By the first quarter of 2000, the median home price increased to $165,300, and by 2010, it grew to $222,900. Come the first quarter of 2020, the median home price rose to $329,000 and is still increasing. Between 2010 and 2020 alone, the median price increased by a whopping $106,100 in just a decade. Overall, the median home price has grown around 18 times larger in 2020 compared to 1963. By January 2021, the
U.S. Census Bureau reported that the median sales price for new homes sold was $355,900.
U.S. Median Home Sales Prices, 1963 -2020
Year Median Sales Price Q1 Year Median Sales Price Q1 1963 $17,800 1992 $119,500 1964 $18,900 1993 $125,000 1965 $20,200 1994 $130,000 1966 $21,000 1995 $130,000 1967 $22,300 1996 $137,000 1968 $23,900 1997 $145,000 1969 $25,700 1998 $152,200 1970 $23,900 1999 $157,400 1971 $24,300 2000 $165,300 1972 $26,200 2001 $169,800 1973 $30,200 2002 $188,700 1974 $35,200 2003 $186,000 1975 $38,100 2004 $212,700 1976 $42,800 2005 $232,500 1977 $46,300 2006 $246,300 1978 $53,000 2007 $257,400 1979 $60,600 2008 $233,900 1980 $63,700 2009 $208,400 1981 $66,800 2010 $222,900 1982 $66,400 2011 $226,900 1983 $73,300 2012 $238,400 1984 $78,200 2013 $258,400 1985 $82,800 2014 $275,200 1986 $88,000 2015 $289,200 1987 $97,900 2016 $299,800 1988 $110,000 2017 $313,100 1989 $118,000 2018 $331,800 1990 $123,900 2019 $313,000 1991 $120,000 2020 $329,000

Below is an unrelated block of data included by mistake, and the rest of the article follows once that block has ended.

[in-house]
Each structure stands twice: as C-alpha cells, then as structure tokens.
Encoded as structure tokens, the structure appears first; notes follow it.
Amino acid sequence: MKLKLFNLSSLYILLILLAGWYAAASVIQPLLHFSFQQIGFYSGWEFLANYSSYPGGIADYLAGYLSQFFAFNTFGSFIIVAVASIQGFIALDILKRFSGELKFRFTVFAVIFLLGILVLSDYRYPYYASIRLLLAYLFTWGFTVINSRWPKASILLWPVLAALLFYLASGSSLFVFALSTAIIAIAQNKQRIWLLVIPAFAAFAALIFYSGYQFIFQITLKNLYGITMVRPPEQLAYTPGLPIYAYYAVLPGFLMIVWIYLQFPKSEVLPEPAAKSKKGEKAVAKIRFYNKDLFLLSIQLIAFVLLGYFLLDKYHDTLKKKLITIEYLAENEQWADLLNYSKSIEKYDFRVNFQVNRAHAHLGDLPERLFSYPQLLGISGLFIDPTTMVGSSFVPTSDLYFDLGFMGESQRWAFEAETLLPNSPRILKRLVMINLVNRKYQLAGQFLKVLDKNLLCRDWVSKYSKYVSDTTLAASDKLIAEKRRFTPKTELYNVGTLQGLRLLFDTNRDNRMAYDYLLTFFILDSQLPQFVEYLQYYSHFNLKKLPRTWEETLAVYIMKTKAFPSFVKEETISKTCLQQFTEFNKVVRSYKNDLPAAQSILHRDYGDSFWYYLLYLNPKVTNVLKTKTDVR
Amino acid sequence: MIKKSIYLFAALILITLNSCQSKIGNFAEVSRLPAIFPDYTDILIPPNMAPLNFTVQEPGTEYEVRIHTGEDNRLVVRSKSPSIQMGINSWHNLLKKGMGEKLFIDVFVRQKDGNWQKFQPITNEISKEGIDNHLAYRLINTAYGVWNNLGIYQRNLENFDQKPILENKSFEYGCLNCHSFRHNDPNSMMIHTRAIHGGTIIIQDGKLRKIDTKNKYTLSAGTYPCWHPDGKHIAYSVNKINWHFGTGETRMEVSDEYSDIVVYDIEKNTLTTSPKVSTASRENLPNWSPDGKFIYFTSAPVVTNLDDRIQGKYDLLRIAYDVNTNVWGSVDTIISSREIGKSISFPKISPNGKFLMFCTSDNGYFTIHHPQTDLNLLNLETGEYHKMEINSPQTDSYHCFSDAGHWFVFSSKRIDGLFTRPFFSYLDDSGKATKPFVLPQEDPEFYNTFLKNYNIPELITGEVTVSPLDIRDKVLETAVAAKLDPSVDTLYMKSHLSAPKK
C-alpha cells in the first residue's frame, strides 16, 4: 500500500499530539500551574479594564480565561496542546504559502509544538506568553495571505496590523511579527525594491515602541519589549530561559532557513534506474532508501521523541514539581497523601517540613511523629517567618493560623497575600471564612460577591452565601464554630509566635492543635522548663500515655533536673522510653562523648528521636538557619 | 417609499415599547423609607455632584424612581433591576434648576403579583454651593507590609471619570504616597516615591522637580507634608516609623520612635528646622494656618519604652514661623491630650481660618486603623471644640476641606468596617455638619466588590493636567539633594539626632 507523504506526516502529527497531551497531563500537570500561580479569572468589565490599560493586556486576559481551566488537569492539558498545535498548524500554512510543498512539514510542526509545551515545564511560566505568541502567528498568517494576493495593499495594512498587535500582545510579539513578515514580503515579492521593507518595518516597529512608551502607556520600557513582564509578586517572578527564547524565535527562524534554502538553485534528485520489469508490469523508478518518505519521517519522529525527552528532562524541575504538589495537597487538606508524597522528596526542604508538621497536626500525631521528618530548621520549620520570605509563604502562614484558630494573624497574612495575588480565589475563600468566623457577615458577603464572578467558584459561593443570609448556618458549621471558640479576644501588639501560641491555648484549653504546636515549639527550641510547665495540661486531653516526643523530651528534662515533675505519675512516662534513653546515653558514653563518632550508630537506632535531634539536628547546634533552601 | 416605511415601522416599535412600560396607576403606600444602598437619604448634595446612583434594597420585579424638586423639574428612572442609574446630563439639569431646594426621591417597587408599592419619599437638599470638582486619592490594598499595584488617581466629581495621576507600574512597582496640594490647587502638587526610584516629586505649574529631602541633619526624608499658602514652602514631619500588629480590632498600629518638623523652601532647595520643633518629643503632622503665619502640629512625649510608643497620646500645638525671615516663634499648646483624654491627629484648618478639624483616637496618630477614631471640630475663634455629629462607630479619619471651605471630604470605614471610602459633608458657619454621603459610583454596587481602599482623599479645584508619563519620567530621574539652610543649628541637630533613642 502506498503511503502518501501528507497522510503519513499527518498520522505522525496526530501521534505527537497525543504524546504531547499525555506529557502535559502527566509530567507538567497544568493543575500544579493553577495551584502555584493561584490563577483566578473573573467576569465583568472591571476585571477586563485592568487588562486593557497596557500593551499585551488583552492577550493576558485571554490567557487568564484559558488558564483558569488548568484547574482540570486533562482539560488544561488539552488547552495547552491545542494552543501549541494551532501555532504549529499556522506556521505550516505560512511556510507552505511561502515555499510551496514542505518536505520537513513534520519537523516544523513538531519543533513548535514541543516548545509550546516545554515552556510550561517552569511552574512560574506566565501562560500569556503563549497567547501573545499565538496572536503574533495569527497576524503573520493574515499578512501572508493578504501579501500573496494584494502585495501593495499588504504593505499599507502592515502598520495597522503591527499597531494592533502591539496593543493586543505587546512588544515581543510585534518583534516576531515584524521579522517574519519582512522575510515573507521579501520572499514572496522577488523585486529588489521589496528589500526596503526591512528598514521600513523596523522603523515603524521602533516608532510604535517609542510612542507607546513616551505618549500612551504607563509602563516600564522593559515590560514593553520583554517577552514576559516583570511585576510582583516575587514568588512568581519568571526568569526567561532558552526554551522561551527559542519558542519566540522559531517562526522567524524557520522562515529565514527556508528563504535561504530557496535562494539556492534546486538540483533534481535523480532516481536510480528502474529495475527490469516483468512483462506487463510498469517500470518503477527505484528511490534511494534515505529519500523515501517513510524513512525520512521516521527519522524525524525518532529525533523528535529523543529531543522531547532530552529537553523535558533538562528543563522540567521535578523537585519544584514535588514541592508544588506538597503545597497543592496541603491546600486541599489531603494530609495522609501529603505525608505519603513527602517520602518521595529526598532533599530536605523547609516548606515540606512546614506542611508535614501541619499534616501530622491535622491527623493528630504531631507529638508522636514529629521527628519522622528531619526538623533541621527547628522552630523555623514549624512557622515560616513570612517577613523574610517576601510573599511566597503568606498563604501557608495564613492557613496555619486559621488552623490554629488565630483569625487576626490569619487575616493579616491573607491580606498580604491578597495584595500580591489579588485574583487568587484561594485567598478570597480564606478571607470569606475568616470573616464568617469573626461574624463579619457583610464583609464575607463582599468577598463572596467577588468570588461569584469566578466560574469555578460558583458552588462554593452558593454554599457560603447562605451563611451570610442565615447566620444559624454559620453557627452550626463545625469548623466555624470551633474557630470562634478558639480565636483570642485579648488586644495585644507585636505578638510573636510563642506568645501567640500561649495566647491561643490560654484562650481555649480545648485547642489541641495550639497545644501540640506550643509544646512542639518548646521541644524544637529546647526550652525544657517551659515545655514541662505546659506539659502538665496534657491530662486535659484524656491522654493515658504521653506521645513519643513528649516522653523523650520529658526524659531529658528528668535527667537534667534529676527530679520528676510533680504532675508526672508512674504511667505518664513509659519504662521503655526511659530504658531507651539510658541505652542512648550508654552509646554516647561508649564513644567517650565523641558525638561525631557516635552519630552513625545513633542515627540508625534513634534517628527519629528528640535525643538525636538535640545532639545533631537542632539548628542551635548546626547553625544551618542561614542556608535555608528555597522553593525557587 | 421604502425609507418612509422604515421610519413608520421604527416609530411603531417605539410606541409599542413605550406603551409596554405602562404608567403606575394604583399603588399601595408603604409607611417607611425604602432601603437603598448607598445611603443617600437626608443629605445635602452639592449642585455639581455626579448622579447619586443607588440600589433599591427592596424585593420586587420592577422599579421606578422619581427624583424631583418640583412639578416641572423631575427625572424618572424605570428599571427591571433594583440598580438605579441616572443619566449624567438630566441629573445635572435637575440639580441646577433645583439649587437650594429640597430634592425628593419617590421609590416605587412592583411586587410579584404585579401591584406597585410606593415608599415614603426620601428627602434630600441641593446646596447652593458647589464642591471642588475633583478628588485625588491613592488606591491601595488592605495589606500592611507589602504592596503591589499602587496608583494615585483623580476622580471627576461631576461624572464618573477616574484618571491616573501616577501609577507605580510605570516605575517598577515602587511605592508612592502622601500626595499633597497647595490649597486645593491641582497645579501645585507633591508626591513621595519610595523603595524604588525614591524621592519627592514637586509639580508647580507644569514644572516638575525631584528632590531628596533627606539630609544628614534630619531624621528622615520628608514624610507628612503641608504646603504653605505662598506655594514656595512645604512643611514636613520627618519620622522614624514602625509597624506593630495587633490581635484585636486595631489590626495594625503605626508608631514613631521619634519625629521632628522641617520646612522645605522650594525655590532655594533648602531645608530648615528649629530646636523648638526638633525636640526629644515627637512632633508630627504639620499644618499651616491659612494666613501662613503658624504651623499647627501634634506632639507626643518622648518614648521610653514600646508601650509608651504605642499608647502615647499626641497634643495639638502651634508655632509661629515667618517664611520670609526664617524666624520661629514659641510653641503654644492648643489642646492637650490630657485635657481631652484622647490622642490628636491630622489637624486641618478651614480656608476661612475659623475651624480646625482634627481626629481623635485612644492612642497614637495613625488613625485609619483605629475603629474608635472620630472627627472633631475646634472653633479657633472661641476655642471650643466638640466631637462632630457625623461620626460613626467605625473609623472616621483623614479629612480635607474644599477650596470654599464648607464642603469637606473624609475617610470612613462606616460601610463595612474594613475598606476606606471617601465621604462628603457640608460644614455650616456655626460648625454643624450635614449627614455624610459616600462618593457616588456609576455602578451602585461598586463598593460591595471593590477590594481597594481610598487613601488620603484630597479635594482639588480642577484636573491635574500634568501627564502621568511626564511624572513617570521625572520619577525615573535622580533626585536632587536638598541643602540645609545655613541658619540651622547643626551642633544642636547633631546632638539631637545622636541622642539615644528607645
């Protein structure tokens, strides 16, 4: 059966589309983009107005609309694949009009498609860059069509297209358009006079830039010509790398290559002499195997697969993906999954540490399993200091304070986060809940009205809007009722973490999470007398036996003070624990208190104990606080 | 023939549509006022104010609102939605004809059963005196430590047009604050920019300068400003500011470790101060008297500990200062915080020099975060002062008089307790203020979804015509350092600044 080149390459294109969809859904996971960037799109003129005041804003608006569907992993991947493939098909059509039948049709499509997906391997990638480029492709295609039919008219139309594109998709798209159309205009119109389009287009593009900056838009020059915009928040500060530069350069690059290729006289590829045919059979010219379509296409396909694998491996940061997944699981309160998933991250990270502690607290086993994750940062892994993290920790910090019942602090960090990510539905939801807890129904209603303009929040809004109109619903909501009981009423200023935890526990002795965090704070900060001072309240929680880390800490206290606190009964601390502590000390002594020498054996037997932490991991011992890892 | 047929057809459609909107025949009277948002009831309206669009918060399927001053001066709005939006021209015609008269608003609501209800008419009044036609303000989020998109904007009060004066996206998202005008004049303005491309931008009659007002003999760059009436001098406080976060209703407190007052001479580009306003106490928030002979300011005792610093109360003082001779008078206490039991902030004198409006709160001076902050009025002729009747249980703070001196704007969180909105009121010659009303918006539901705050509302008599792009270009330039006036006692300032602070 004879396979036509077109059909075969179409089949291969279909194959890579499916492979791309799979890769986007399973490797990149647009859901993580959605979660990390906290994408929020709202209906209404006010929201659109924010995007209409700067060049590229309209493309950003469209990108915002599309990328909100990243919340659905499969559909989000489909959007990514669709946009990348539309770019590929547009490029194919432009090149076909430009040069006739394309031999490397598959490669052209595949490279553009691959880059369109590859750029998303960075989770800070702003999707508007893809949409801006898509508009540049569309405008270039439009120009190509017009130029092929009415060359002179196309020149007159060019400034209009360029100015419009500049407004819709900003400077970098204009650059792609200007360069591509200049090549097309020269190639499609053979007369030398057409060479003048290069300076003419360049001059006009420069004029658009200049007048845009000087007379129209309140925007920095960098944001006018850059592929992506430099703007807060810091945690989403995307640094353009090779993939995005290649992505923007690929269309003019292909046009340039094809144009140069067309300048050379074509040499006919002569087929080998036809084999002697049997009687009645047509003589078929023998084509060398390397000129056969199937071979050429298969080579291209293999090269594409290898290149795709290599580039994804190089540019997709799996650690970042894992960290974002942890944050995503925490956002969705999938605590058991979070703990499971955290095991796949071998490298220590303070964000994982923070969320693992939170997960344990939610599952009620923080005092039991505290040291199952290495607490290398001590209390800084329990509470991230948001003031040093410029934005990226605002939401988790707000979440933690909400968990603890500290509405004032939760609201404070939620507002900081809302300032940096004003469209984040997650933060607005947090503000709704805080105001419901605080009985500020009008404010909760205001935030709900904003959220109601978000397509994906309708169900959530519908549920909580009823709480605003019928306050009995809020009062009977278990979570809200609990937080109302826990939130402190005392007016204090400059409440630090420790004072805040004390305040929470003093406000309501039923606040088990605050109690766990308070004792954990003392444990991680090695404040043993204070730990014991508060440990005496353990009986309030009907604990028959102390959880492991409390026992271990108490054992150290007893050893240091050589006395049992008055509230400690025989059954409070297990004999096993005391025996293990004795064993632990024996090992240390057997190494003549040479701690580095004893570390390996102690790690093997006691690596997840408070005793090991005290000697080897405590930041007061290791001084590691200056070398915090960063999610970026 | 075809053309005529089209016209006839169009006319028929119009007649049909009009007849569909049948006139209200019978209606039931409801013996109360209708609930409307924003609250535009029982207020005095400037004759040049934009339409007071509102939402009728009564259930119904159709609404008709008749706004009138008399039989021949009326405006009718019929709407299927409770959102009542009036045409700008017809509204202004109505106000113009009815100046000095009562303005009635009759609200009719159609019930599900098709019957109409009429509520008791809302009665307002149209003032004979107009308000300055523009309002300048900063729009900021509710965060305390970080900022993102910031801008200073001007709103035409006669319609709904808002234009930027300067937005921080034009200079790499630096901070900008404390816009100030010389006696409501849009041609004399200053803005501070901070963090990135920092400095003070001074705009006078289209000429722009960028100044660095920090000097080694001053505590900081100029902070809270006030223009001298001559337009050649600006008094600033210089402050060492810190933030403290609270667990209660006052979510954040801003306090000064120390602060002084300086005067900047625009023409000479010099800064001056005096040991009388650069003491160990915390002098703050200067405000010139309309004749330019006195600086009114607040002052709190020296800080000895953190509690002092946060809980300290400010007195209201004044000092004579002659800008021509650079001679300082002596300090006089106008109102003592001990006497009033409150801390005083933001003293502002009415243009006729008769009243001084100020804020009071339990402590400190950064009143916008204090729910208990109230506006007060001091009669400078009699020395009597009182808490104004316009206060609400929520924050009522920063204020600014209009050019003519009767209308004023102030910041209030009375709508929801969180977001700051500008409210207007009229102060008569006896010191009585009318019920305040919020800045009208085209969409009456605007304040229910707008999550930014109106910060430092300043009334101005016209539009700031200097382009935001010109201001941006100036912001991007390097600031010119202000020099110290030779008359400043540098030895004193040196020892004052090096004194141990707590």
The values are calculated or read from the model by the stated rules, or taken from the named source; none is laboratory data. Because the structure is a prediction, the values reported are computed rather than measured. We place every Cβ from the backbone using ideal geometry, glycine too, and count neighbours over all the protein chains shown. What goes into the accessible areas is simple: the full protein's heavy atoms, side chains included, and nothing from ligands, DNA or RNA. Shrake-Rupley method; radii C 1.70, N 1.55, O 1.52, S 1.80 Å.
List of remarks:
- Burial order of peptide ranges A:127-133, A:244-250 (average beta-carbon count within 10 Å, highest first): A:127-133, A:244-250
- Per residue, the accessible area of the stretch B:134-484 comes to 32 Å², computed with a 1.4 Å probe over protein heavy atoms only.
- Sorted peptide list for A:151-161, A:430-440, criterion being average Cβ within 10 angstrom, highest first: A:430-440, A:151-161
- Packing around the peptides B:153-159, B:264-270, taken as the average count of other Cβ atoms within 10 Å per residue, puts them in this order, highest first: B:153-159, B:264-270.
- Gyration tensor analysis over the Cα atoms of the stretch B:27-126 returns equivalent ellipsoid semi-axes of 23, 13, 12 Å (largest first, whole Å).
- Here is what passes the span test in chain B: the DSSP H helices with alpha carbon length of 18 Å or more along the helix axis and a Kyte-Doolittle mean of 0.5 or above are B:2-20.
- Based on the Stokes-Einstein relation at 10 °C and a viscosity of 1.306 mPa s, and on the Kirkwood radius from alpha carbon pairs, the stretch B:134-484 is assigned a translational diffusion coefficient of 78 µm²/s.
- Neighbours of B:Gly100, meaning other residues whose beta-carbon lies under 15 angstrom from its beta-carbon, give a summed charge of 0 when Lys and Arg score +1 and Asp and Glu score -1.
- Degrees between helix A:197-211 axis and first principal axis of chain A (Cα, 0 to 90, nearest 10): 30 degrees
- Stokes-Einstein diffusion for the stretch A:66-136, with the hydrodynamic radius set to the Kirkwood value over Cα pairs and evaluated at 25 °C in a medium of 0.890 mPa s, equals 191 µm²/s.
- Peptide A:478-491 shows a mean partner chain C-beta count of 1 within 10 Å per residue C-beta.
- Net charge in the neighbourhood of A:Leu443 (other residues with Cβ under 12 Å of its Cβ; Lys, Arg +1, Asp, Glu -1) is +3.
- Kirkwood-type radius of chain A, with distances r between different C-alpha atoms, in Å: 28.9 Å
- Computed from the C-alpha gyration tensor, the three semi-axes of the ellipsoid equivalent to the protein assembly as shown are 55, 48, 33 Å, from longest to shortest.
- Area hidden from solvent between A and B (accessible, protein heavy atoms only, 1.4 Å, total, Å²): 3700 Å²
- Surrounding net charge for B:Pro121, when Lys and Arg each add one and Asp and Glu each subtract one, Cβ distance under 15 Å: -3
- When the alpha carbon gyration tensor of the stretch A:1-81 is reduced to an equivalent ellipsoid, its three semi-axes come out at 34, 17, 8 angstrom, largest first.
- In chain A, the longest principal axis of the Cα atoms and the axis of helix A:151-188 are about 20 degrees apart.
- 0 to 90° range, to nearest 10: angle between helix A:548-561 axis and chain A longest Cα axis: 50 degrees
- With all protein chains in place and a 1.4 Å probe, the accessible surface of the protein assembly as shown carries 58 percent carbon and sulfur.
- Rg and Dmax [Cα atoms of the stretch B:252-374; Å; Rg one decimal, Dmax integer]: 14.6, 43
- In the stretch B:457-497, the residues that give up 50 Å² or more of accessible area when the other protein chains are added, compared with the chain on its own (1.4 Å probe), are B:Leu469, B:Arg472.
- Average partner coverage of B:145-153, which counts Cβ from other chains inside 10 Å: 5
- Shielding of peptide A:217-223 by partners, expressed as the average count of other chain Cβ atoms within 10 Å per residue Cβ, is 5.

What about monthly mortgage payments? Your monthly payments will depend on your loan amount, the interest rate (APR), and your down payment amount. For example, let’s say you’re buying a house priced at $320,000. If you make s 20% down payment of $64,000, this reduces the loan amount to $256,000. If you took at 30-year fixed-rate loan at 3.5% APR, your monthly principal and interest payment will be $1,150. That’s excluding property taxes and mortgage insurance.